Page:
Humans, and other primates, it appears, have an innate sense of fairness. We expect, for example, in times requiring sacrifice, that no member of society will be exempted. When we are part of a long queue, for example, we expect everyone to bide their time and wait as well; someone attempting to jump the queue is rightfully deeply resented and scorned.
Of course, rules and expectations of fairness and equality are broken everyday by those with the means. If you are willing to pay for the privilege, you can buy into express lines, such as those that exist at Universal Express and Disney World FASTPASS. If you are in need of a new kidney fast, there are brokers who can arrange such transactions with dispatch.
Are there things that money cannot or should not be able to buy? That was the central question Michael J. Sandel posed in a book I read several months ago called What Money Can't Buy: The Moral Limits of Markets. A very thought-provoking work, it explores the fundamentally alienating effects that some purchases can have, as in the above-mentioned kidney transactions, that leave us with less regard for our fellow-travellers in life. Indeed, there are some cases that really reduce them to mere commodities.
I couldn't help but think of such things this morning as I read about how some people are circumventing the tough water-rationing measures recently imposed in California, a state now in its fourth year of extreme drought.
Gardens stayed lush and lawns verdant as citizens paid tanker trucks to deliver thousands of gallons to homes in the seaside suburb of Santa Barbara. They drilled in back yards, driving the county’s tally of new wells to a record. Some simply paid fines for exceeding allocations, padding the water district’s budget by more than $2 million.Actually, there are many reasons to object. One is the fact that money is being used here to opt out of good citizenship, which a healthy society requires. Why should certain parties be exempt from turf-removing initiatives that others are following as they substitute drought-tolerant plants for thirsty lawns?
“People feel strongly about their landscaping and want to keep their homes beautiful,” said Patrick Nesbitt, who drilled a well to hydrate parts of his 70-acre estate but let his polo field go dry. “Why should anybody object?”
Paying tanker trucks to bring in water simply postpones dealing with the drought, and one can't help but wonder where that water is coming from. Are other jurisdictions selling water for short-term profit? And what about this statistic from wealthy Montecito, California?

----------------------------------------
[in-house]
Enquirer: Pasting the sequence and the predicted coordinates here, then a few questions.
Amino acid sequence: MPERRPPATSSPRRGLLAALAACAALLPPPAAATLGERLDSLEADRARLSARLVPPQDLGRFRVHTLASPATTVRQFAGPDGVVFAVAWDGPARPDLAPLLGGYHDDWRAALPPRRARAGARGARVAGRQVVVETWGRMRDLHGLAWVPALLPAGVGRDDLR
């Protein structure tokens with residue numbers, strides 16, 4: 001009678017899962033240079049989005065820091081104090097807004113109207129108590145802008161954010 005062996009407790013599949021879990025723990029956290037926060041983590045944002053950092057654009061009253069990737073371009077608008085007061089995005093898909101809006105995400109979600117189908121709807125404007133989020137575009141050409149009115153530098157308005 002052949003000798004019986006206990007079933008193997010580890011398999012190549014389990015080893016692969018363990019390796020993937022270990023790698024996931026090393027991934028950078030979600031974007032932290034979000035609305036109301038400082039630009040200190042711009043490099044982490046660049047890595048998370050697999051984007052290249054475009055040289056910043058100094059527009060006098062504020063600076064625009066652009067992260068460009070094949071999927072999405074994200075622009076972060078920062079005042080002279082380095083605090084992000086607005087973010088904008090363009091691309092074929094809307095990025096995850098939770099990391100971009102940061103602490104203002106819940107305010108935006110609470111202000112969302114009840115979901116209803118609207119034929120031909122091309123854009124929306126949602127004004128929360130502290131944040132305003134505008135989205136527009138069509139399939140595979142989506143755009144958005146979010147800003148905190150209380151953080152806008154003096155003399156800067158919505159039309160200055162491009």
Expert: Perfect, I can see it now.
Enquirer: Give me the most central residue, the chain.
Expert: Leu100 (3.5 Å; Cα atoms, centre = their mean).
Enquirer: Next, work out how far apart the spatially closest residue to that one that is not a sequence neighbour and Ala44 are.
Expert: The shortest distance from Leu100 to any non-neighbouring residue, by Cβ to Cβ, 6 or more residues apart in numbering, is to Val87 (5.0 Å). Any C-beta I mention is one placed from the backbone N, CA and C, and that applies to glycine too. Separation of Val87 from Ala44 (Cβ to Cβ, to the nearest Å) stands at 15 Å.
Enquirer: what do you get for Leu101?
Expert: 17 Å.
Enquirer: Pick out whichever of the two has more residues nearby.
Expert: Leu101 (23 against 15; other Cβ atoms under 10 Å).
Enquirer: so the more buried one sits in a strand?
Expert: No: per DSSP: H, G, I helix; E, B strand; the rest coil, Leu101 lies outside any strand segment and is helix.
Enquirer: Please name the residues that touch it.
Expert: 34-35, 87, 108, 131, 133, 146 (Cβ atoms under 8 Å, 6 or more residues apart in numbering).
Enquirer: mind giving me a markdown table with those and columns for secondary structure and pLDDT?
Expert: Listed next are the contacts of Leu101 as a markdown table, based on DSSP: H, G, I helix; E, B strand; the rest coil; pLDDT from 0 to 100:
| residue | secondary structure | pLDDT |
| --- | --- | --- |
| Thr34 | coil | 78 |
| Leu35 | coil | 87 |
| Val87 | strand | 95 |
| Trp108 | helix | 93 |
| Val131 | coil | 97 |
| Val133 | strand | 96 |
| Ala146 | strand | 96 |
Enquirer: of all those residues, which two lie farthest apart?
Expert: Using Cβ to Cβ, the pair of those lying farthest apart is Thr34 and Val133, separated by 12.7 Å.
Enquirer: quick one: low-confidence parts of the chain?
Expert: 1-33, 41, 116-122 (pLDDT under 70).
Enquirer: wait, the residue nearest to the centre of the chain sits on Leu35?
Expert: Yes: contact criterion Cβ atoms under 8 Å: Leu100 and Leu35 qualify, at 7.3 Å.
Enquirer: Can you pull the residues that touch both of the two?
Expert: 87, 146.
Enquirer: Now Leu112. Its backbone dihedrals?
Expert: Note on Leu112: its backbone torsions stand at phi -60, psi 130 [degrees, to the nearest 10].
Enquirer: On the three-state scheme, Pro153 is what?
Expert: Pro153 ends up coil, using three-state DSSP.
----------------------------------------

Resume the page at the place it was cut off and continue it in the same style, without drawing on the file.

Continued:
The top three users for Montecito in 2012/13 guzzled close to 30 million gallons alone... enough water to provide the needs of a small townEven the drilling of wells that the well-heeled can afford are acts of massive disrespect of the greater good. The aquifers, quite frankly, cannot take it:
Measurements of water levels in wells throughout the state show that aquifers are being significantly depleted in many areas as more water is drained out than seeps back into the ground.
An analysis of groundwater data provided by the U.S. Geological Survey and two other agencies has found that, of 3,394 wells across the state, water levels declined in about 62 percent of the wells between 2000 and 2013.
As noted by Dennis Dimick in National Geographic
As drought worsens groundwater depletion, water supplies for people and farming shrink.I am not offering any fresh insights here about the contradictory impulses of human nature; the fact that "some animals are more equal than others" was noted a long time ago by George Orwell and many others. But given the times in which we live, such behaviour does merit increased scrutiny and perhaps even condemnation.
Lest all of the above prove too dispiriting to readers, allow me to leave you with something that should leave us all feeling a mixture of both shame and hope, a captive orangutan sharing its treats with other primates: